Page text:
We have seen how you tell the query which objects you want. This section shows you how to also tell it how many objects you want, and what order you want them in.
public void setUnique (boolean unique); public void setRange (long start, long end);
setUnique method when you know your
query matches at most a single object. A unique query always returns
either the one candidate instance that matched the filter, or null; it
never returns a
List. In fact, unique
queries enforce the one-result rule by throwing a
JDOUserException if more than one candidate survives the
setUnique is designed for queries with
only one result,
setRange is designed for those
with many. Most applications that deal with large amounts of data
only process or display a fixed number of records at a time. For
example, a web app might show the user 20 results per page, though many
thousands of records exist in the database. Using
setRange, you can retrieve the exact range
of objects you're interested in. The method behaves much like
String.subString: it uses 0-based indexes, and the
end index is exclusive. Unlike these methods,
setRange won't throw an exception when
your range extends beyond the available elements. If 50 records exist
and you ask for the range
40, 60, you'll
receive a list containing the 41st (remember indexes are 0-based)
through 50th result objects. If you ask for the range
80, you'll get an empty list.
Whenever you don't specify a range on a query, it defaults to a start
0 and an end index of
Long.MAX_VALUE, which represents no limit.
public void setOrdering (String ordering);
Ranges are meaningless if the result order isn't constant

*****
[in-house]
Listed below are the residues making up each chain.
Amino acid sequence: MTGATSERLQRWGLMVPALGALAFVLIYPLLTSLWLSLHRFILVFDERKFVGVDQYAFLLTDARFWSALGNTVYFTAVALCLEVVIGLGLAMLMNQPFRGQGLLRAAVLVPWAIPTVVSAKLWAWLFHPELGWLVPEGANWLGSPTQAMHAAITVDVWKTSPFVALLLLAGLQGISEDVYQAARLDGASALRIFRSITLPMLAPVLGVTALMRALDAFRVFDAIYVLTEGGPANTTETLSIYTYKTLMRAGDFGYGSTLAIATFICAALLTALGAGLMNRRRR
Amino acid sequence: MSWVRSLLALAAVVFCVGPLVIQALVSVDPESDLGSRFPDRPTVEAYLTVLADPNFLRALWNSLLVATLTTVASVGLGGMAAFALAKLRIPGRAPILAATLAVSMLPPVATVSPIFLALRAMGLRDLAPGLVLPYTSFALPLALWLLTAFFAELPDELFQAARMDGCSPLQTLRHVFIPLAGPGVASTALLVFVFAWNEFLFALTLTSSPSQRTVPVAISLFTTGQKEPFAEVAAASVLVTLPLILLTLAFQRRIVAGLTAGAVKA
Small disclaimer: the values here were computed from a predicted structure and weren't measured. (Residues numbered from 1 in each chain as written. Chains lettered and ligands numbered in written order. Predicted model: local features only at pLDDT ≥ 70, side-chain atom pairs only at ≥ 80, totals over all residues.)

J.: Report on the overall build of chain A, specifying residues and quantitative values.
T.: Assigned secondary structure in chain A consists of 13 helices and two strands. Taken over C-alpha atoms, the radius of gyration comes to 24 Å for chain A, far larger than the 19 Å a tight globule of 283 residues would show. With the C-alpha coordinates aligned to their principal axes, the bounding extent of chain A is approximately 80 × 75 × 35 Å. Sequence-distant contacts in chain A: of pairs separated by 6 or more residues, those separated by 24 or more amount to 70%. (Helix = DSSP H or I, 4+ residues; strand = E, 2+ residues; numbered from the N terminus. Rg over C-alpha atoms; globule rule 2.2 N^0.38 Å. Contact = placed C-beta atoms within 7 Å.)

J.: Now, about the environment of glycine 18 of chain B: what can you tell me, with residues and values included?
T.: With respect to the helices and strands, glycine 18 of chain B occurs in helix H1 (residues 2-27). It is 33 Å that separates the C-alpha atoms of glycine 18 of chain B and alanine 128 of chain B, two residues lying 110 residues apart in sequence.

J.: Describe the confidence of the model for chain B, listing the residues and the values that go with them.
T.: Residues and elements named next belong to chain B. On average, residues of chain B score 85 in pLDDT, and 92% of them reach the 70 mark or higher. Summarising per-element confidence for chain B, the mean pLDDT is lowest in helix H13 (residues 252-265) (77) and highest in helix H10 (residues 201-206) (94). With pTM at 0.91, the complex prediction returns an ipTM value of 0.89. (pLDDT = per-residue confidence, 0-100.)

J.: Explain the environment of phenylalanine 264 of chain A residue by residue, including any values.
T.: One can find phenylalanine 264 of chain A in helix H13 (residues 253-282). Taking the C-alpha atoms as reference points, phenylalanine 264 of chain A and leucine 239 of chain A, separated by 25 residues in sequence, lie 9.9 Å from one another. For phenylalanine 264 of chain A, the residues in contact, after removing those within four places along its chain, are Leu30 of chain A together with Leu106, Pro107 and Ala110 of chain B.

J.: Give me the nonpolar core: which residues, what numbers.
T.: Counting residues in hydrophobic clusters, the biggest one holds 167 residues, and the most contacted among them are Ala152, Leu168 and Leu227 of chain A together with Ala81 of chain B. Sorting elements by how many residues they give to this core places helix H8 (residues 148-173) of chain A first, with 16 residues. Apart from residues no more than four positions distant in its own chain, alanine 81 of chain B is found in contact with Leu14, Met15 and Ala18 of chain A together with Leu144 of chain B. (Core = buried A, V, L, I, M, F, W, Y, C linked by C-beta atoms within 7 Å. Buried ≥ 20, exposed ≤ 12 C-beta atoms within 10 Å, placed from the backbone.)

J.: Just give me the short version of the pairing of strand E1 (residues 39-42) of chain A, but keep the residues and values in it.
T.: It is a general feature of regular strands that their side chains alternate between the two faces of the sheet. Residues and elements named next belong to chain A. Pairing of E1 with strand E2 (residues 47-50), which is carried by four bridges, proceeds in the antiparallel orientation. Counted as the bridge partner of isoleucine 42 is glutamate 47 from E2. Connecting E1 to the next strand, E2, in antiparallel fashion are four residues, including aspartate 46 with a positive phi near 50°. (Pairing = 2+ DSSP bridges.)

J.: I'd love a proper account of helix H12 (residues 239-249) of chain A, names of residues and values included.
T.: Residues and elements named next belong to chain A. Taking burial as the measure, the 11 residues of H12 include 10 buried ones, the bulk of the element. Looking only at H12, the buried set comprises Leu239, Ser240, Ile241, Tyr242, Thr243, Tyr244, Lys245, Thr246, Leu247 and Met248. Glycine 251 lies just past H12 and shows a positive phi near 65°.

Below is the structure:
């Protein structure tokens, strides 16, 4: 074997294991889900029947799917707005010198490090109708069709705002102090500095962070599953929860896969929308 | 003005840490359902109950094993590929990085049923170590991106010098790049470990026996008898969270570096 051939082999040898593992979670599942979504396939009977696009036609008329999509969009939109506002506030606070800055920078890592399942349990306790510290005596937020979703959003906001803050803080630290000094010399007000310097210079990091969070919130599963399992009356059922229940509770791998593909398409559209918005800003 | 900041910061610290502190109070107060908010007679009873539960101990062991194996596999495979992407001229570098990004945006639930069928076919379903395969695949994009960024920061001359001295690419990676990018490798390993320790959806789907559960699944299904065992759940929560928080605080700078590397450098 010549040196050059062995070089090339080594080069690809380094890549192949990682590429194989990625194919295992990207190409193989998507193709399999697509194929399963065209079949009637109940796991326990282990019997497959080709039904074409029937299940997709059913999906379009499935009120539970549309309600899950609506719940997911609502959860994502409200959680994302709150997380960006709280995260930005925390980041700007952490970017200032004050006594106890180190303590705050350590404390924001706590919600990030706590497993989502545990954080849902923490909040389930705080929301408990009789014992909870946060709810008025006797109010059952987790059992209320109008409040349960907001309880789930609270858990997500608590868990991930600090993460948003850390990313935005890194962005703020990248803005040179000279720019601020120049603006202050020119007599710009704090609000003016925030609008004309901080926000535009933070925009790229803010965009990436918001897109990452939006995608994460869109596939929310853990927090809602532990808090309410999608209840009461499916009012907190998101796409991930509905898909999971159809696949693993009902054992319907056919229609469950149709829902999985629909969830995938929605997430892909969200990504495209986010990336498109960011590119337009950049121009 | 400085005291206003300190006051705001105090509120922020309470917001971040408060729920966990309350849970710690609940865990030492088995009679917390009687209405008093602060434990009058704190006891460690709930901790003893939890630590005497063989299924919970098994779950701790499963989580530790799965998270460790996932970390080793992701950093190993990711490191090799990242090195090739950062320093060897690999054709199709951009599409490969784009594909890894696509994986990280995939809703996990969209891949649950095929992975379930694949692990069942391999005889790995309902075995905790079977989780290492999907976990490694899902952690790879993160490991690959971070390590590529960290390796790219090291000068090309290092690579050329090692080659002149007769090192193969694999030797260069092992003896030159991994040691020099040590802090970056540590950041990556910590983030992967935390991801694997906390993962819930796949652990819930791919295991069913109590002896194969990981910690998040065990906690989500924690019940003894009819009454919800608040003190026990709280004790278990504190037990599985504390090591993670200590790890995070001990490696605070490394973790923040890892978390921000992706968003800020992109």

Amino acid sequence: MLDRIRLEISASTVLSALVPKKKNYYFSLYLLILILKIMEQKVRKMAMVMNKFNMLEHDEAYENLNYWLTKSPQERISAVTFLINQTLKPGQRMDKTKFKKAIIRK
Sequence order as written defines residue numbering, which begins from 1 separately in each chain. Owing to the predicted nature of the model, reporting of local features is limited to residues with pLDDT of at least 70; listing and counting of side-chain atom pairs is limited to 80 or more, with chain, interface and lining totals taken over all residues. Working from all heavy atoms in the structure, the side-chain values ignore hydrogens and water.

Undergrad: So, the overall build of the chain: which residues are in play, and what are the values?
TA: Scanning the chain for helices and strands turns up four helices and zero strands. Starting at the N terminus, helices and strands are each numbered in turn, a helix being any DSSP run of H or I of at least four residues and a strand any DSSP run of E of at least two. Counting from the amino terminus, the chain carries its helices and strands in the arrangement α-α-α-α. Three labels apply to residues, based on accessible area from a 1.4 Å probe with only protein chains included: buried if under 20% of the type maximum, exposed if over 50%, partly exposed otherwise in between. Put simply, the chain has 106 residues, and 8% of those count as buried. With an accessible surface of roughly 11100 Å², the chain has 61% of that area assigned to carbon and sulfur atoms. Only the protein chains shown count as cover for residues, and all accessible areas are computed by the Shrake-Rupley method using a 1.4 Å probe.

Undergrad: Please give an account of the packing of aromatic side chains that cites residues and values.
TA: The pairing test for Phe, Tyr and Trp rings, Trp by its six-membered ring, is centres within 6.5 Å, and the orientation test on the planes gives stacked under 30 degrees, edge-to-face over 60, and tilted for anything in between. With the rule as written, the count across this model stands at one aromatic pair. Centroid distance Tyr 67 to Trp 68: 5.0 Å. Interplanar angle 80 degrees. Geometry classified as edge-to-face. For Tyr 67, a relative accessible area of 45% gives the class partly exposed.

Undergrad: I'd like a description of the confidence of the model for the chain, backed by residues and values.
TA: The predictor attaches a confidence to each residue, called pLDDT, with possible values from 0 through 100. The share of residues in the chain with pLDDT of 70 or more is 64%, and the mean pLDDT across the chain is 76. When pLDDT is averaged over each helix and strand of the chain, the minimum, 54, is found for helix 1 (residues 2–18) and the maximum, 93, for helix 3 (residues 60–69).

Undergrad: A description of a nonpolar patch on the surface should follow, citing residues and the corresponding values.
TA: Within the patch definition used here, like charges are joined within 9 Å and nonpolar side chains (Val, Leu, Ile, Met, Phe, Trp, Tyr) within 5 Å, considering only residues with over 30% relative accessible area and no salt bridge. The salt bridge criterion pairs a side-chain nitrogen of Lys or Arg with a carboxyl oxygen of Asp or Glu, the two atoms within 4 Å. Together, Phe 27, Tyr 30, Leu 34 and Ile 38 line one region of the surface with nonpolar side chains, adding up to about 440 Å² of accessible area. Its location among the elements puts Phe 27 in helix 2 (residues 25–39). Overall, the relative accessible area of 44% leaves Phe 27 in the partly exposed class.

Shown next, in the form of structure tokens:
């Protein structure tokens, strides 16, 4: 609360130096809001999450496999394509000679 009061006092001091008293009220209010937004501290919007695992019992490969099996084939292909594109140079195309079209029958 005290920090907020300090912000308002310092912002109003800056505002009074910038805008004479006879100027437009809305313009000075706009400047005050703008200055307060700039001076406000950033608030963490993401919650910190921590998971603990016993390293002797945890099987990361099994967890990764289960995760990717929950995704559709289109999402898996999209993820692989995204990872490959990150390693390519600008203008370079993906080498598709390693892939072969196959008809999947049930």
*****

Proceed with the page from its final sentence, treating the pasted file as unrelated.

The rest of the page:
between query executions, and many datastores don't guarantee
consistent natural ordering.
gives you control over the order of results, so you don't have to rely
on the vagaries of the datastore. The method's argument is a
comma-separated list of field names or expressions, each followed by
descending. Those keywords can be abbreviated as
Results are ordered primarily by the first (left-most) expression.
Wherever two results compare equal with that expression, the next
ordering expression is used to order them, and so on.
Example 11.11. Unique
Find the magazine "Spaces" published by Manning.
We know that this query can only match 0 or 1 magazines, so
we set the
unique flag to avoid having to
extract the result object from a
PersistenceManager pm = ...; Query query = pm.newQuery (Magazine.class, "publisher.name == 'Manning' && title == 'Spaces'"); query.setUnique (true); processMagazine ((Magazine) query.execute ());
Example 11.12. Result Range and Ordering
Order all magazines by price and return the 21st through 40th results.
PersistenceManager pm = ...; Query query = pm.newQuery (Magazine.class); query.setOrdering ("price ascending"); query.setRange (20, 40); List mags = (List) query.execute (); for (Iterator itr = mags.iterator (); itr.hasNext ();) processMagazine ((Magazine) itr.next ()); query.close (mags);